PCR tests will be used to test everyone entering the US Open bubble.

*If a player tests positive, he or she will be immediately isolated for 10 days. If they’ve already started their tournament, they will be automatically withdrawn. If a player is sharing a room with a guest, and that guest tests positive, the player will be required to self-isolate for 14 days. The USTA doesn’t recommend the sharing of rooms and even if a player is allowed to bring up to three people (two per room, two rooms), they prefer that the player bring only one team member, each to his or her room.

*If a team or family member tests positive, but is staying in a separate room, the player “may not have to be withdrawn” if they’re deemed to have followed social distancing guidelines and masked up.

*Anyone who has previous tested positive for the virus is required to bring the lab report of that positive test for examination by the USTA’s medical team. They recommend taking the antibody test. But if all checks out they might not have to undergo any more testing for the duration.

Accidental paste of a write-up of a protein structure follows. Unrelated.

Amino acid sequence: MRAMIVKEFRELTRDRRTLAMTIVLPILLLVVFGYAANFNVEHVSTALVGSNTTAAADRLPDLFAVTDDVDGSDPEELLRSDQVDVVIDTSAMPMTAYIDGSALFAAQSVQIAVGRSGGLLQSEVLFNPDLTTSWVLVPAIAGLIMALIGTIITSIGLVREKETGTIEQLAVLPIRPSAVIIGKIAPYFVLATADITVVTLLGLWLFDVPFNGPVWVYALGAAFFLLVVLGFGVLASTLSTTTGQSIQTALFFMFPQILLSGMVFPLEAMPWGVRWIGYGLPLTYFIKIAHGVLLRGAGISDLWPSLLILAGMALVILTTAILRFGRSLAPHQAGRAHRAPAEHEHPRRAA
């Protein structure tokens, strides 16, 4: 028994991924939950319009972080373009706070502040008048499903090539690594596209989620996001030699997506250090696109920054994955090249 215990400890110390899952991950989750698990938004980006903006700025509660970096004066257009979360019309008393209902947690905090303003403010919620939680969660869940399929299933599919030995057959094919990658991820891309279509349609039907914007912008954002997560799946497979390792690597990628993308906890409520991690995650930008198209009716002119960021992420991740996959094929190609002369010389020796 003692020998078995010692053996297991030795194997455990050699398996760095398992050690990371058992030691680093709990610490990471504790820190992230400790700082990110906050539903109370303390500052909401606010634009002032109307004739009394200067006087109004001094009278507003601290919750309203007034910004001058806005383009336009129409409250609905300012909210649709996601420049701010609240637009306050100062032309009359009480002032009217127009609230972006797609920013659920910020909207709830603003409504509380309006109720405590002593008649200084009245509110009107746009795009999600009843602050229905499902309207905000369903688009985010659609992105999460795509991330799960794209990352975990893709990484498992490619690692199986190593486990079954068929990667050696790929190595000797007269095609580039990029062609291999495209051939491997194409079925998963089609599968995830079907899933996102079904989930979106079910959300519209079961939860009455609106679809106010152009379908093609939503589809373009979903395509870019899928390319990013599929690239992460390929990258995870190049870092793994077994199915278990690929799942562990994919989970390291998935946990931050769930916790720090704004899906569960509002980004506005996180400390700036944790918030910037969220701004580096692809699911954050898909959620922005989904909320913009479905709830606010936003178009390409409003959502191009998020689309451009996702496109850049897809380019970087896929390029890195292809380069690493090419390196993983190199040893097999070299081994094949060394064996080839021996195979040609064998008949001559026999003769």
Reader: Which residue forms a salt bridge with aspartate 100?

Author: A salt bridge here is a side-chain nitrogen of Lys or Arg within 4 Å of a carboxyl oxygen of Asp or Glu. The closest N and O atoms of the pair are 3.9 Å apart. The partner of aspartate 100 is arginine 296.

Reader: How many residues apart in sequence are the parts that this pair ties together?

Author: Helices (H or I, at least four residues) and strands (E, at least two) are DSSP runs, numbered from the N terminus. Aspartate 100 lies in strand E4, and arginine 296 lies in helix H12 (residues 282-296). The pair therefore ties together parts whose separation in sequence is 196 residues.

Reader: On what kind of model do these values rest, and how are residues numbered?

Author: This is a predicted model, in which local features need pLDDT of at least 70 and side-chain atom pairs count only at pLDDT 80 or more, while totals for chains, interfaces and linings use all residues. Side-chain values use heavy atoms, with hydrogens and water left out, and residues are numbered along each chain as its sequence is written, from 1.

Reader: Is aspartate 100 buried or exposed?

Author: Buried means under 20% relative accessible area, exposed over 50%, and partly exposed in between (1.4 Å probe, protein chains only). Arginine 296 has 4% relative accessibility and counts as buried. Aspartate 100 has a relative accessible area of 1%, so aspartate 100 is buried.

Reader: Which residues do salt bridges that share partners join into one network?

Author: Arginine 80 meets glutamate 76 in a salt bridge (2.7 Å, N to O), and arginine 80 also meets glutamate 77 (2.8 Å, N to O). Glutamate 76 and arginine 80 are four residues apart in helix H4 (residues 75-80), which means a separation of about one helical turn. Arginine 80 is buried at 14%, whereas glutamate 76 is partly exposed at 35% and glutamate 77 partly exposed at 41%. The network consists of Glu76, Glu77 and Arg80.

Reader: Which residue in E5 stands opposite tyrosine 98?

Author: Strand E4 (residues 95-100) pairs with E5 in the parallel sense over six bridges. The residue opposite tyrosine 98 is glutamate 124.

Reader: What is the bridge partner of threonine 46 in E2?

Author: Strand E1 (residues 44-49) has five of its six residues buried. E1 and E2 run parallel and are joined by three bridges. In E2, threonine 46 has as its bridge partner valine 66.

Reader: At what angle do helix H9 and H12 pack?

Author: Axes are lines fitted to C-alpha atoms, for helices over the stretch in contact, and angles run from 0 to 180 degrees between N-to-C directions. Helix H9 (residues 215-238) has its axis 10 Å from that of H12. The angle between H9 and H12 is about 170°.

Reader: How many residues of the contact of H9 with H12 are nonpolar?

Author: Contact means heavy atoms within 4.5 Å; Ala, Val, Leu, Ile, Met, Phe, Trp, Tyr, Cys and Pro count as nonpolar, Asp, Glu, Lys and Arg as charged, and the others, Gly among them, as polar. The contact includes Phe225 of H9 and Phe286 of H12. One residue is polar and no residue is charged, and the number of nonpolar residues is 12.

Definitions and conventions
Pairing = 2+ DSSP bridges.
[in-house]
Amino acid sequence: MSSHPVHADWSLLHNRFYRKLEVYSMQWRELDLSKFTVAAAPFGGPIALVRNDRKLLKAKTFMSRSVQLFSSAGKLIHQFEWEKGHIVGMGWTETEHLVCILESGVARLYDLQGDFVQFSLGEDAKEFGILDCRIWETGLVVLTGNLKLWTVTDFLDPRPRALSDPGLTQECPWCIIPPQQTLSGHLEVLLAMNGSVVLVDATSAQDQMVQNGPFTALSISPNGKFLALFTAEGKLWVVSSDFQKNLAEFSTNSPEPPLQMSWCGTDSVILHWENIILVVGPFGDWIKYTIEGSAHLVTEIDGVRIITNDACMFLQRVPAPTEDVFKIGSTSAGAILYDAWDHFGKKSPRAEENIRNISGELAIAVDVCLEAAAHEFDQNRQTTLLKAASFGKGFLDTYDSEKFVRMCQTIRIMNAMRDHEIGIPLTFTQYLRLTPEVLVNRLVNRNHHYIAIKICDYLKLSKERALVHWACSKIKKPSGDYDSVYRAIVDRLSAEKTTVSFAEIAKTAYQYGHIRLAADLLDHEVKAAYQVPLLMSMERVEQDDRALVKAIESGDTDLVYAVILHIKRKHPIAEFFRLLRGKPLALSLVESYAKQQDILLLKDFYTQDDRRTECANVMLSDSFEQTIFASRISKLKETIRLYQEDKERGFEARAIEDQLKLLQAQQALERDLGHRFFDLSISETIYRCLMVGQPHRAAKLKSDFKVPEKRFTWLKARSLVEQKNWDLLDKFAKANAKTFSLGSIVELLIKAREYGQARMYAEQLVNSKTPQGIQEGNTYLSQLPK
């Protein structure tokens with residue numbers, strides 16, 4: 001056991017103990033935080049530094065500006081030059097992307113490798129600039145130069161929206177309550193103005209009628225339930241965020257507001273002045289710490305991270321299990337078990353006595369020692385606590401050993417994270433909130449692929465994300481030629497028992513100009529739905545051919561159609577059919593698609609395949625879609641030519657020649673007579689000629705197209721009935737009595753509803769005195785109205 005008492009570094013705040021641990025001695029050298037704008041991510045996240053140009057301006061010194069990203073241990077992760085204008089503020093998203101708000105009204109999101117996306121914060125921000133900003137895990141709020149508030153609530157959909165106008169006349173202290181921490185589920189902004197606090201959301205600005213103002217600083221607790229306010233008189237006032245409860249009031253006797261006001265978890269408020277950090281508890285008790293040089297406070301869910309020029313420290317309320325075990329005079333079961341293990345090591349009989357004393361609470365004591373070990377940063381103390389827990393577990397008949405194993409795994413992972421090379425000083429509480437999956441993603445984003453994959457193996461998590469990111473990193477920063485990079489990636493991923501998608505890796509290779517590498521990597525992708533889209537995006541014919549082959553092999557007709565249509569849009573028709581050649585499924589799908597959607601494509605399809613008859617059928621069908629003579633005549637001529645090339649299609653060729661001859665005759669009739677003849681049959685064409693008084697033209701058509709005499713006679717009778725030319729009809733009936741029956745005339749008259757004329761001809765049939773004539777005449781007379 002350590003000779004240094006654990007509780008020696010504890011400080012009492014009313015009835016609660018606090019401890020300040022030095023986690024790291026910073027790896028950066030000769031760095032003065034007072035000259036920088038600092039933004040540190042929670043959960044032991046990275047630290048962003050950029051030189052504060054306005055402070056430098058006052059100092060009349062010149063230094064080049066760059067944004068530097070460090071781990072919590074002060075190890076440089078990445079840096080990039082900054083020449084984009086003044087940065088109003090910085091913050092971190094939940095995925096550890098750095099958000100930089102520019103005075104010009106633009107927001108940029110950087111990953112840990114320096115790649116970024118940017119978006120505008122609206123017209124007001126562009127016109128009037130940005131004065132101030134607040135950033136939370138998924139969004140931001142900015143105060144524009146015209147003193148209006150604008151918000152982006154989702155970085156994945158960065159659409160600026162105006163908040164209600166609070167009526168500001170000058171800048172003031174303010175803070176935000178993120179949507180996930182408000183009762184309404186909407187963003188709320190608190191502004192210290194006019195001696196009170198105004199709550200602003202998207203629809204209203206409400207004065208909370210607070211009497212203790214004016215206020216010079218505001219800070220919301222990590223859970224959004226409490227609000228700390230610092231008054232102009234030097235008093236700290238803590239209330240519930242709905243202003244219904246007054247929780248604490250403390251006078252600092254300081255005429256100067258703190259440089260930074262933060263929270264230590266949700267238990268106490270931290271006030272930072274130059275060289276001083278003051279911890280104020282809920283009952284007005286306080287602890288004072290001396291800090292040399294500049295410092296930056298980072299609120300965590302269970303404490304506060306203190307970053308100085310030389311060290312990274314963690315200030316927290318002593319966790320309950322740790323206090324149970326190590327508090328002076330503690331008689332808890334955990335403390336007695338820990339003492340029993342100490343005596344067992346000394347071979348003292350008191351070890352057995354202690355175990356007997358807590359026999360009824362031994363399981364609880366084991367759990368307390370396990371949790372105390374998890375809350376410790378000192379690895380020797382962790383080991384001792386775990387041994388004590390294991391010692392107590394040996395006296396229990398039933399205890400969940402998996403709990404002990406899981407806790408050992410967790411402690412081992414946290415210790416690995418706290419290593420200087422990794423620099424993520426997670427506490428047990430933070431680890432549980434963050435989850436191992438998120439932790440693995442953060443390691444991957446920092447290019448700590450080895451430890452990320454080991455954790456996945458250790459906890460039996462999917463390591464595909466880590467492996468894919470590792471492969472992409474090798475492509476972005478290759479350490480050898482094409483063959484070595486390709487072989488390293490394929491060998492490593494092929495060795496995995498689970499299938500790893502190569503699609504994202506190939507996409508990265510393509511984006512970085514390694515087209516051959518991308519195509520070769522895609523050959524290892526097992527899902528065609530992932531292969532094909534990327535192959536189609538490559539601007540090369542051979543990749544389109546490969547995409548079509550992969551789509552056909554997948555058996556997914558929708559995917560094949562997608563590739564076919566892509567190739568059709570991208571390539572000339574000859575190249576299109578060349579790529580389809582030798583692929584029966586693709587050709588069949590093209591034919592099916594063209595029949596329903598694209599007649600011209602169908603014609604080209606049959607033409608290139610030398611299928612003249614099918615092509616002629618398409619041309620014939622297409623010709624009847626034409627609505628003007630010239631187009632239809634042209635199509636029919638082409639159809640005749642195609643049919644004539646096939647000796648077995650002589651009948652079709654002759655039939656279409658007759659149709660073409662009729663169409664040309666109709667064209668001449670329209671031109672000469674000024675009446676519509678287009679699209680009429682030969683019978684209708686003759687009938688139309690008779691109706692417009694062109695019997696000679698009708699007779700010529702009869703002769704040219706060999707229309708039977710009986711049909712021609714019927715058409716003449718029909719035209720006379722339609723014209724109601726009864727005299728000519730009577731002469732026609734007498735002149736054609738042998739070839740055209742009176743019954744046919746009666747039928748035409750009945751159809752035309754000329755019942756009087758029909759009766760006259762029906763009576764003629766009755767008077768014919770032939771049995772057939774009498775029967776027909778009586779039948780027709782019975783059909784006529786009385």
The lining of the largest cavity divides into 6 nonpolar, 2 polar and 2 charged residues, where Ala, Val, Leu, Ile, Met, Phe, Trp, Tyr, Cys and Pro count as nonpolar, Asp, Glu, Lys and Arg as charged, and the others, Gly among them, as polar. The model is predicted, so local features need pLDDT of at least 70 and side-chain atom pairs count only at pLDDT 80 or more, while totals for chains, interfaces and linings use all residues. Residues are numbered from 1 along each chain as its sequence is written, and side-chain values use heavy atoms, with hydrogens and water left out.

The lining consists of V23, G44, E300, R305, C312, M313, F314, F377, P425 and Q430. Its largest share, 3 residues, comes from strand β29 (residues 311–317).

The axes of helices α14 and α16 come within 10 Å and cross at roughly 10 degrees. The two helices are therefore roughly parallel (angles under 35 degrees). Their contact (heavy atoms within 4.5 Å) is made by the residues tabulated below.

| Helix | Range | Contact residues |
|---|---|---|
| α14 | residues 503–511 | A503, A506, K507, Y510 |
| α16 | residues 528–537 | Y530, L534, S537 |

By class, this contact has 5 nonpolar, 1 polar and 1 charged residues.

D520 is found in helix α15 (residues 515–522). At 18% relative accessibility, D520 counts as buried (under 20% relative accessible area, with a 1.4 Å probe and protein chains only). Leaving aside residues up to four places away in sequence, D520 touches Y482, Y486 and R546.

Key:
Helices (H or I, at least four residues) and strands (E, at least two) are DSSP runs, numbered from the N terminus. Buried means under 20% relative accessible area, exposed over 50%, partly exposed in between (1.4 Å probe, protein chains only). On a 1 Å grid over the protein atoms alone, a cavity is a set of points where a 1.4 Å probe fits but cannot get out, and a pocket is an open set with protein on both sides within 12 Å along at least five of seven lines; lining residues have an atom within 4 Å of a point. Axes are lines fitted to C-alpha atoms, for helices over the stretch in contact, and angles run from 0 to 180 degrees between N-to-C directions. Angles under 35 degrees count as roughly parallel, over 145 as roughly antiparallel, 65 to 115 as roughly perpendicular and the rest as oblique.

How many is too many? Undetermined

*There are no standards or benchmarks in place to determine how many positive tests would result in the cancellation of the tournament. RFID technology added to tournament credentials will help in contact tracing efforts, in the case of a positive test.

*If a player “leaves the bubble” without written permission from the Chief Medical Officer or tournament director Stacey Allaster, the player will be removed from the tournament. They would get the ranking points from the last round they completed, and pay a financial penalty. If a coach or player guest leaves, the guest or coach’s credential will be revoked and they must leave the hotel within 24 hours. There will also be a fine, and that guest will not be able to attend the 2021 US Open, either.

USTA
Tournament director Stacey Allaster and the chief medical officer are the only ones who can grant permission to leave the US Open bubble (PIC: USTA)